Democrats: Fired watchdog was looking into Saudi arms sale
WASHINGTON — Congressional Democrats say the State Department watchdog fired by President Donald Trump last week was investigating possible impropriety in a massive arms sale to Saudi Arabia last year, adding new questions to the watchdog’s abrupt dismissal.
Democrats said Monday that ousted Inspector General Steve Linick was probing how the State Department pushed through a $7 billion Saudi arms sale over congressional objections. Democrats previously suggested the dismissal might have been tied to Linick’s investigation of allegations that Secretary of State Mike Pompeo may have improperly ordered staff to run personal errands for him.
Linick’s dismissal late Friday comes amid broader concerns over Trump’s removal of inspectors general at various departments. Trump has said he had lost confidence in those fired but has not given specific reasons, which lawmakers from both parties have criticized.
Pompeo told The Washington Post on Monday that he had recommended to Trump that Linick be removed because he was “undermining” the State Department’s mission. He would not address specifics except to say it was not in retaliation for any investigation.
FBI: Shooter at base coordinated with al-Qaida
The gunman who killed three U.S. sailors at a military base in Florida last year communicated with al-Qaida operatives about planning and tactics in the months leading up to the attack, U.S. officials said Monday, as they lashed out at Apple for failing to help them open the shooter’s phones so they could access key evidence.
Law enforcement officials discovered contacts between Mohammed Saeed Alshamrani and operatives of al-Qaida after FBI technicians succeeded in breaking into two cellphones that had previously been locked and that the shooter, a Saudi Air Force officer, had tried to destroy before he was killed by a sheriff’s deputy.
“We now have a clearer understanding of Alshamrani’s associations and activities in the years, months and days leading up to his attack,” Attorney General William Barr said at a news conference in which he chastised Apple for not helping open the phones.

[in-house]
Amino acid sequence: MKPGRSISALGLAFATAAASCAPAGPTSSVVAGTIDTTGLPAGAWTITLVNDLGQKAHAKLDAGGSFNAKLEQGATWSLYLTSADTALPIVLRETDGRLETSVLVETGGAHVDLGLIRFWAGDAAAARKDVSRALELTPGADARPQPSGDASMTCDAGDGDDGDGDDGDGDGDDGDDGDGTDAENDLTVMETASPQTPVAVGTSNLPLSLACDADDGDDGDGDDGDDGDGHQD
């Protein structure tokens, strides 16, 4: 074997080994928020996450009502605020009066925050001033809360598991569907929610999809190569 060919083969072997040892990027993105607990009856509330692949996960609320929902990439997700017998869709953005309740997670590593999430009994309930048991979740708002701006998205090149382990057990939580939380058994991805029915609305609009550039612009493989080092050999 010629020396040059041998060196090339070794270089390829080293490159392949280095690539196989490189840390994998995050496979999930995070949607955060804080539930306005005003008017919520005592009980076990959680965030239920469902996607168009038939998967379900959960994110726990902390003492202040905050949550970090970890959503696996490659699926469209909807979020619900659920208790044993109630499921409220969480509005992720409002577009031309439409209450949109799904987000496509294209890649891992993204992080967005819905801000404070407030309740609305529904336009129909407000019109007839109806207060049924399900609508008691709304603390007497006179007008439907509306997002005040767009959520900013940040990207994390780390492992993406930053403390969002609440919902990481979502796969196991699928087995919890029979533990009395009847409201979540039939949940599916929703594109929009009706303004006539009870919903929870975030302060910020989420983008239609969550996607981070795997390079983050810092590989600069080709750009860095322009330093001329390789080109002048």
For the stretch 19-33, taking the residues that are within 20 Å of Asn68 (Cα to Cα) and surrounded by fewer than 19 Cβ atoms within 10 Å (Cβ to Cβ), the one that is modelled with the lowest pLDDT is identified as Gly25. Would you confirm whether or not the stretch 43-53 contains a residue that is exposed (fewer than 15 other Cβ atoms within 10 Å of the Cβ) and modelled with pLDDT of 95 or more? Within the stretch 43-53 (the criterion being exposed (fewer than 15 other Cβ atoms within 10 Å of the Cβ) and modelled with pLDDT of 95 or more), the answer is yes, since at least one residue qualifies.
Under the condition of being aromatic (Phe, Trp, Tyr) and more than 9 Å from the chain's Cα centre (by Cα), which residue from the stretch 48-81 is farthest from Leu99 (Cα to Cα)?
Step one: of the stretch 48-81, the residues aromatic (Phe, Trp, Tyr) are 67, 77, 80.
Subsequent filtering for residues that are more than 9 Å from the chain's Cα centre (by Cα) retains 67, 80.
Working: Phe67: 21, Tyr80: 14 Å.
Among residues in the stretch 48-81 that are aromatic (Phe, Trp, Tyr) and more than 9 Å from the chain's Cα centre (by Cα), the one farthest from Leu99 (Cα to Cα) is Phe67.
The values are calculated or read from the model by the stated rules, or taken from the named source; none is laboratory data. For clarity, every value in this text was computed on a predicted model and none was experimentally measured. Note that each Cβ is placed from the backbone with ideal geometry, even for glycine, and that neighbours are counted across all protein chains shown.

The new details, including that Alshamrani had been radicalized abroad before he arrived in the U.S., raise fresh questions about the vetting of foreign military members and trainees who spend time at American bases. The announcement also comes amid tension with the U.S. over instability in the oil market during the coronavirus pandemic and as the Trump administration faces criticism that it has not done enough to hold the kingdom, which has been trying to improve its international image, accountable for human rights violations.
Tropical Storm Arthur hits coast with rain
Tropical Storm Arthur moved out to sea Monday after dumping heavy rain on North Carolina as forecasters warned that the first named storm of the Atlantic hurricane season could continue to whip dangerous surf and rip currents for another day or more along the U.S. East Coast.
The storm represented another early start for the Atlantic hurricane season. Arthur formed Saturday in waters off Florida, marking the sixth straight year that a named storm has developed before June 1.
By late Monday, storm watches and warnings that had been in effect for parts of the North Carolina coast were canceled.
As Arthur’s center passed off North Carolina earlier in the day, a pocket along the coast that includes Newport and Havelock recorded more than 4 inches Of rain, according to the National Weather Service.
By wire sources